About JGRG

Ever since Einstein had proposed general relativity in 1915, a lot of effort was put into research on spacetime and gravity. But for the initial half century it was largely done from a mathematical or purely theoretical point of view. The situation changed drastically after the discovery of 3K cosmic microwave background radiation in 1964 and of a pulsar in 1967. After these discoveries, the importance of general relativity in the study of astrophysics was widely recognized, and research in the areas of cosmology, relativistic astrophysics, and gravity had bloomed. In Japan the workshops on `General Relativity and Gravitation' were organized and held from 1974 for three years, which played the central role in expanding research in these areas. However, as each sub-field in astrophysics began to have its own developments, workshops on more focused areas and specific topics took over the GRG workshops.

A new turning point came in late 1980's. The idea to build large-scale interferometers for direct detection of gravitational waves became more realistic, and research on gravitation itself started to attract attention again. In Japan, a program supported by a grant-in-aid for scientific research on priority areas, ``gravitational wave astronomy", had started, which later developed into the TAMA project. Simultaneously with this movement toward research on gravitational waves, the importance of research in gravitational physics in general was recognized from new perspectives; from precision observation of relativistic objects such as black holes and neutron stars, and from progress in numerical relativity, theoretical cosmology, and particle astrophysics. This trend motivated several members of the above-mentioned program to start a renewed series of workshops on general relativity and gravitation. The first JGRG workshop (JGRG1) was then held at Tokyo Metropolitan University, from 4 to 6 December, 1991. There were about 120 participants in this workshop, indicating that there was indeed a high need for such a workshop from the community already at that time. Since then workshops of similar size have been held annually at different universities in turn. From JGRG10, held at Osaka University in 2000, we began to invite a few speakers from abroad and designated English as the language to be used in presentations.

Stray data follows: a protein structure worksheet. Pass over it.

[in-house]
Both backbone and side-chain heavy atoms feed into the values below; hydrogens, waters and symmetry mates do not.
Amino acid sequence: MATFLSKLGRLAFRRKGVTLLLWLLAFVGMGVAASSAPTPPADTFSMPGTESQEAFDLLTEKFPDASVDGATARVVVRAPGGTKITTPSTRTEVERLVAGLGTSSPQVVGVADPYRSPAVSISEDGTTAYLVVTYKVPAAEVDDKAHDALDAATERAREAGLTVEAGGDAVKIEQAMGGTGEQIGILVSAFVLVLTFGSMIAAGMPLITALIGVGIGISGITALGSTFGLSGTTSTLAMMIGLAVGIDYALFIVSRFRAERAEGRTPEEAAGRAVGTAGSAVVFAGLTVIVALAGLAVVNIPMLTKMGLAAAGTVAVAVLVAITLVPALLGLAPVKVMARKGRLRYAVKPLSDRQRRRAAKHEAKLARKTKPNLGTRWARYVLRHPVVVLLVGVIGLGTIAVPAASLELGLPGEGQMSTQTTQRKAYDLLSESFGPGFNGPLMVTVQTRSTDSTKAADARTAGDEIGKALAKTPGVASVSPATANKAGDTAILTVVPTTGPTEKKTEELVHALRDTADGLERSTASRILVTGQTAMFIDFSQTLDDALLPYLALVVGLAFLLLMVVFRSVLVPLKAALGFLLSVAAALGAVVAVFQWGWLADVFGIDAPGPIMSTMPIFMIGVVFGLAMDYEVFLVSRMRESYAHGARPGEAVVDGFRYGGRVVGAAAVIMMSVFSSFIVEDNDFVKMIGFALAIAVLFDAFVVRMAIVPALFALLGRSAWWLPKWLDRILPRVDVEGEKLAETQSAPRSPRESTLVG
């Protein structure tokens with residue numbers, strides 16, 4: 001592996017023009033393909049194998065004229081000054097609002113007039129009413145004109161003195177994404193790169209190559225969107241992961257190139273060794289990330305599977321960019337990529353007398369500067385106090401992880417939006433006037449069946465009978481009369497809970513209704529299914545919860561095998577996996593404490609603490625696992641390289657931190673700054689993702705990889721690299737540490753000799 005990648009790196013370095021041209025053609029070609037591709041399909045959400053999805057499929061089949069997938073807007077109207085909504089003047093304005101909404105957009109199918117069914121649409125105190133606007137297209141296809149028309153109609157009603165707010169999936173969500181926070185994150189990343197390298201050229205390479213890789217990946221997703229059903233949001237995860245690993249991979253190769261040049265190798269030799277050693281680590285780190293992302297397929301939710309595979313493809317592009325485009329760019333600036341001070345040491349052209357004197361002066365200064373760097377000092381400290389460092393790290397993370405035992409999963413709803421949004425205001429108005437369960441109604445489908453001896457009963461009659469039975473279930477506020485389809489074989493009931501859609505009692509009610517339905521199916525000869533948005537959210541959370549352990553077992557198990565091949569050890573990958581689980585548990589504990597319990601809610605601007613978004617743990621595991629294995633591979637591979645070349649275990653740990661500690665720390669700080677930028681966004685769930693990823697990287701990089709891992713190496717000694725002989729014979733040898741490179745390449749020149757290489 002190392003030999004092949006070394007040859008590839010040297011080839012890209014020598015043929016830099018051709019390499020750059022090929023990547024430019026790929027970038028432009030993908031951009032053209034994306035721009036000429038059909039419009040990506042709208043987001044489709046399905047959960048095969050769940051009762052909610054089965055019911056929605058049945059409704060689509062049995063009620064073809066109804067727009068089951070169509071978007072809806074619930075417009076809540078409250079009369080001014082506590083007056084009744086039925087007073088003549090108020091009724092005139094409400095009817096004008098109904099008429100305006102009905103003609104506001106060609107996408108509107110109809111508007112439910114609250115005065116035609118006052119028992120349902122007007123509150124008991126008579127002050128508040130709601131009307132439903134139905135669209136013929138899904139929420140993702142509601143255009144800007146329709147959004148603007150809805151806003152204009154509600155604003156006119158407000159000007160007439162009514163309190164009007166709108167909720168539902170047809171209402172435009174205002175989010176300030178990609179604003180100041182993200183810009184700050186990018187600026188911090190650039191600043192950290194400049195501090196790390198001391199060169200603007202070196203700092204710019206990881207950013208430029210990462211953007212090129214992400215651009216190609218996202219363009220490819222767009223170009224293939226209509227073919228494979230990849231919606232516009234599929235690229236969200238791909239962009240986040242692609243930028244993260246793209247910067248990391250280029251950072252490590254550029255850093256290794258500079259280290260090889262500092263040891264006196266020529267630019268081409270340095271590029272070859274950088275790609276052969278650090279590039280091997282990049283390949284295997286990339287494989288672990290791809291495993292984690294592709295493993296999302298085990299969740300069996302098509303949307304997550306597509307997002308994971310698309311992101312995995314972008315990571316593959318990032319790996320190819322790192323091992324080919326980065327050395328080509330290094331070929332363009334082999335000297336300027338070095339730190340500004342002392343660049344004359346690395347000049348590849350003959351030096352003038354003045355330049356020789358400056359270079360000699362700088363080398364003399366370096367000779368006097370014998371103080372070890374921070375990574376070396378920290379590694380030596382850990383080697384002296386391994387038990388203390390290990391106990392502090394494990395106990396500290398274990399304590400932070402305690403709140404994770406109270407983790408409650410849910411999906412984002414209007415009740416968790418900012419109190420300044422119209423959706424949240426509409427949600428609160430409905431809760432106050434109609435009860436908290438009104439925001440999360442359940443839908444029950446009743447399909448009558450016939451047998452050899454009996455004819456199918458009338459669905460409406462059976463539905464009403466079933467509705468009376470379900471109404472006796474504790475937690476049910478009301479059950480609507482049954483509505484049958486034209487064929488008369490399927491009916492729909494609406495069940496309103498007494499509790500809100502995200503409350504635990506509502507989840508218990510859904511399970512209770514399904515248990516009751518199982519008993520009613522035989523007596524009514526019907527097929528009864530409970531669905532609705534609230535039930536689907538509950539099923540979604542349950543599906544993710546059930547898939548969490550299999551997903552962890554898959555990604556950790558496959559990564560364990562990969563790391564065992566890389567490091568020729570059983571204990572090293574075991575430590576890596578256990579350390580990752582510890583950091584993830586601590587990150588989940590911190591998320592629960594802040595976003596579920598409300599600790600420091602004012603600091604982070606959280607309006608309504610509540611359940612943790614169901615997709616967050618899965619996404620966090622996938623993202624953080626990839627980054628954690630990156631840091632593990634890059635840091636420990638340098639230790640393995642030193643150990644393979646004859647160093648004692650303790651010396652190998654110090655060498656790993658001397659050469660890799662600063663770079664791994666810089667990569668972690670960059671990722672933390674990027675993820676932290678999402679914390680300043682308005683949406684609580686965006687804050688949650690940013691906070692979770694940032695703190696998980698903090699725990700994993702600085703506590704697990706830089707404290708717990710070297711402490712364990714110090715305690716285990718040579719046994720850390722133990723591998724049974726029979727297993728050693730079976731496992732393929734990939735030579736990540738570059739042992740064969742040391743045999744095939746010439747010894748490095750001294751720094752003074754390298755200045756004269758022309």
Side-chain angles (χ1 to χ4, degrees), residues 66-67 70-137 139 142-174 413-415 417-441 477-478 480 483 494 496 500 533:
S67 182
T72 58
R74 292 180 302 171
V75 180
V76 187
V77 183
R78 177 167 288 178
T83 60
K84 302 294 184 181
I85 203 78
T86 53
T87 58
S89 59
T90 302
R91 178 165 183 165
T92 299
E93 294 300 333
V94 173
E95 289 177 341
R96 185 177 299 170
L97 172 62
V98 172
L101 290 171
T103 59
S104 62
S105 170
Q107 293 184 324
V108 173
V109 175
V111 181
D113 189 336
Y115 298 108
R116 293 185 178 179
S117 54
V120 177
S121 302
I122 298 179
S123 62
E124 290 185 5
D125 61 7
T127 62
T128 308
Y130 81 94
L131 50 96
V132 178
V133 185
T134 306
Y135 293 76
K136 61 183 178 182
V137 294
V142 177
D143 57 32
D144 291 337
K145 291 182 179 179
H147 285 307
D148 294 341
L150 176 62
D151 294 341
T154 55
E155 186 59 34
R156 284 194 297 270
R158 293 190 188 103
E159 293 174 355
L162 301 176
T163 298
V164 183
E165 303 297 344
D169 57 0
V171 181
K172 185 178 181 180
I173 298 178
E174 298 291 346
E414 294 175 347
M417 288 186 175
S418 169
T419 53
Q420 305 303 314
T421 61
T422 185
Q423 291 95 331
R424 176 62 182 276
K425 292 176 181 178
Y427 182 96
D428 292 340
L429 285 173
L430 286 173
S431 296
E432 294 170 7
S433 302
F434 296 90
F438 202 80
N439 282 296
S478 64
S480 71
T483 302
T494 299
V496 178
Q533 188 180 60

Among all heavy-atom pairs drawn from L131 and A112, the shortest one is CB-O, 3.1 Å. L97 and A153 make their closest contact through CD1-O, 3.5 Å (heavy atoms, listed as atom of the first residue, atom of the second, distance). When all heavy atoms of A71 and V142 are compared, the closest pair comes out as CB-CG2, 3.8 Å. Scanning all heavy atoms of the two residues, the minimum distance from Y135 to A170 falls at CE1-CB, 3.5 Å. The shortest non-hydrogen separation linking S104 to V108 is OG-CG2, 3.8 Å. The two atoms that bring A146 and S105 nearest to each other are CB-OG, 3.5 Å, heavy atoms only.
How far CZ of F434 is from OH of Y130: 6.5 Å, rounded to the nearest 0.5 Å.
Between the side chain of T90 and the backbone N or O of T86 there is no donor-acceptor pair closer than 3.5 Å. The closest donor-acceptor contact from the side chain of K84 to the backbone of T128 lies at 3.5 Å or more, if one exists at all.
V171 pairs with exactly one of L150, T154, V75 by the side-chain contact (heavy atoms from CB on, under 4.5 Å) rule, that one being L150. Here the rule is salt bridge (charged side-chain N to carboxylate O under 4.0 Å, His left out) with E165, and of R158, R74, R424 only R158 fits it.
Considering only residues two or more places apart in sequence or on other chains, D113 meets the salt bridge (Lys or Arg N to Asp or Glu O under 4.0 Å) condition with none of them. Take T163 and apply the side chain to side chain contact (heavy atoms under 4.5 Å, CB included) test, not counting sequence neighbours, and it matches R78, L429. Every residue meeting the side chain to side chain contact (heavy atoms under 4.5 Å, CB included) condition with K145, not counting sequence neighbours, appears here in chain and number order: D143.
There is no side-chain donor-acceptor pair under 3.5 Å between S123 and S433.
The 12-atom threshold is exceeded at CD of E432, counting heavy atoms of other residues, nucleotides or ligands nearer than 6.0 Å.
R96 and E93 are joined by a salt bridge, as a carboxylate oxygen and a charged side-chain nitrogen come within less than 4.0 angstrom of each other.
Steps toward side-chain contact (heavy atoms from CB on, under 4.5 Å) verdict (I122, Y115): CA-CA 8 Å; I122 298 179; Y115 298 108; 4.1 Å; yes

The JGRG workshop series have been supported by active involvement of young postdocs and graduate students. In turn, it is hoped that their experience from the JGRG workshop series will help them grow into world's leading scientists.

The proceedings of the JGRG workshops have been published as printed volumes. From now on, to enable interested readers to have easier access, the proceedings will be published as electronic media. The website for the online proceedings will be managed by Theoretical Astrophysics Group, Department of Physics, Kyoto University.
(by Kei-ichi Maeda and Misao Sasaki, April 2009)

Link to Internaitonal Society of GRG(ISGRG)
(JGRG is not directly related to ISGRG)